[31] “Lanao Kauswagan power station,” SourceWatch (July 19, 2019); “Congratulations Pakistan: Thar coal plant starts producing electricity,” Global Village Space (March 19, 2019); “GCM and POWERCHINA Inks US$4bn Power Deal,” GCM Resources (January 17, 2019); “Construction Resumes on $1.5 Billion Zimbabwe Power Project,” POWER Magazine (March 3, 2019); Ashfaq Ahmed, “Pakistan opens its first coal power plant in the most backward area of Thar,” Gulf News (Aril 10, 2019); Dana Ullman, “When Coal Comes to Paradise,” Foreign Policy (June 9, 2019); Dusan Stojanovic, “China’s Spending Influence in Eastern Europe worries West,” AP News (April 10, 2019); Gary Sands, “How China’s Belt and Road Initiative could lead Vietnam away from renewable energy,” South China Morning Post (June 11, 2019); Jonathan Watts, “Belt and Road summit puts spotlight on Chinese coal funding,” The Guardian (April 25, 2019); Karl Mathiesen, “China scrubs its coal projects from ‘world heritage in danger’ in decision,” Climate Home News (May 7, 2019); Oliver Griffin, “Ncondezi Energy Shares Rise on Agreement With CMEC, General Electric's Swiss Unit,” Morningstar (July 23, 2019); Rangga Prakoso, “Lontar Extension PLTU Operates in September,” Berita Satu (March 29, 2019); Michael Lelyveld, “China’s Belt And Road Initiative Blackened By Coal,” Eurasia Review (February 1, 2019).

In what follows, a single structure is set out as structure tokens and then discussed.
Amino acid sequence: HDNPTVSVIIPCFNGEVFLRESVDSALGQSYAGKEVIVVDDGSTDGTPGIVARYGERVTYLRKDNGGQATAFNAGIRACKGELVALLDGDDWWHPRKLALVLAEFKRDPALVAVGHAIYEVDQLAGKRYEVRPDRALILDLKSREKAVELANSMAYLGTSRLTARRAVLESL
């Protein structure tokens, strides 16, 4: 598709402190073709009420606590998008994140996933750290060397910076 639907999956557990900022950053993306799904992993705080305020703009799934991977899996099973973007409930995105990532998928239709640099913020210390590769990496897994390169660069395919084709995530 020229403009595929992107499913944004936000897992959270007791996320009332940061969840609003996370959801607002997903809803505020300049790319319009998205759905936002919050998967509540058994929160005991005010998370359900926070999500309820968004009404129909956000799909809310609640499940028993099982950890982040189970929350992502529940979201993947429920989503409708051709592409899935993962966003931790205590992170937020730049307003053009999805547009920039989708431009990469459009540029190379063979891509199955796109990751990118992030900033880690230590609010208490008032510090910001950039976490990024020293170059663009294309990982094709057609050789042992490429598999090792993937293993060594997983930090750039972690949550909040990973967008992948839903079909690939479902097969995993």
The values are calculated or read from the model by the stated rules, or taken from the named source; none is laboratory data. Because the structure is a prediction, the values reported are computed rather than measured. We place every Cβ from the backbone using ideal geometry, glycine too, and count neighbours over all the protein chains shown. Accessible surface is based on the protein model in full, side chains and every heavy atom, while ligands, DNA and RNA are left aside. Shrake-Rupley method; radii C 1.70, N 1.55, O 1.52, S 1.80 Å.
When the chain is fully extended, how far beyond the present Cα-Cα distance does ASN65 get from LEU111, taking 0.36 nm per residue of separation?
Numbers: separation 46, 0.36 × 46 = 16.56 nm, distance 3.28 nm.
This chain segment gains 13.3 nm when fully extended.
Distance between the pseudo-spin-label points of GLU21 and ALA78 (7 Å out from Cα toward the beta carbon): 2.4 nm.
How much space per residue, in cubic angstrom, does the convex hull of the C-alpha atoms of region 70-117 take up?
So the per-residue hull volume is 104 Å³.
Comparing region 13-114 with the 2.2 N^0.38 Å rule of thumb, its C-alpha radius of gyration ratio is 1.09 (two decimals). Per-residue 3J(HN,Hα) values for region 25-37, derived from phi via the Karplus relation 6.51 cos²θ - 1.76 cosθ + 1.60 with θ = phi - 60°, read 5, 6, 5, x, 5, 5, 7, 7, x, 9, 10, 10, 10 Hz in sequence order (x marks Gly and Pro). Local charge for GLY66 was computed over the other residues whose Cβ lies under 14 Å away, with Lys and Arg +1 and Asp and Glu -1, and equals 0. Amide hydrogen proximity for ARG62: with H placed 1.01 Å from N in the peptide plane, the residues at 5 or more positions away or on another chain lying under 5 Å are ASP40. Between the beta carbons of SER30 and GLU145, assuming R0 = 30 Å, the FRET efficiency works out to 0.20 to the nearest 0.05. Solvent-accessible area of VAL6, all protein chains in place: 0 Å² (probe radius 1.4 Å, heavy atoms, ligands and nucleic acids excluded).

[32] Christine Shearer et al., “China at a Crossroads,” Institute for Energy Economics and Financial Analysis (January 2019).

[33] David Bénazéraf et al., Chinese Companies Energy Activities in Emerging Asia, International Energy Agency (April 2019).

[34] Ren Peng, Liu Chang and Zhang Liwen, “China’s Involvement In Coal-Fired Power Projects Along The Belt And Road,” Global Environmental Institute (May 2017) at pp.1, 5 (106 new coal-fired power plants under construction or in planning pipeline as of May 2017).

[35] Global Development Policy Center, Boston University, China’s Global Energy Finance (accessed July 27, 2019).

[36] American Enterprise Institute, China Global Investment Tracker (accessed July 24, 2019).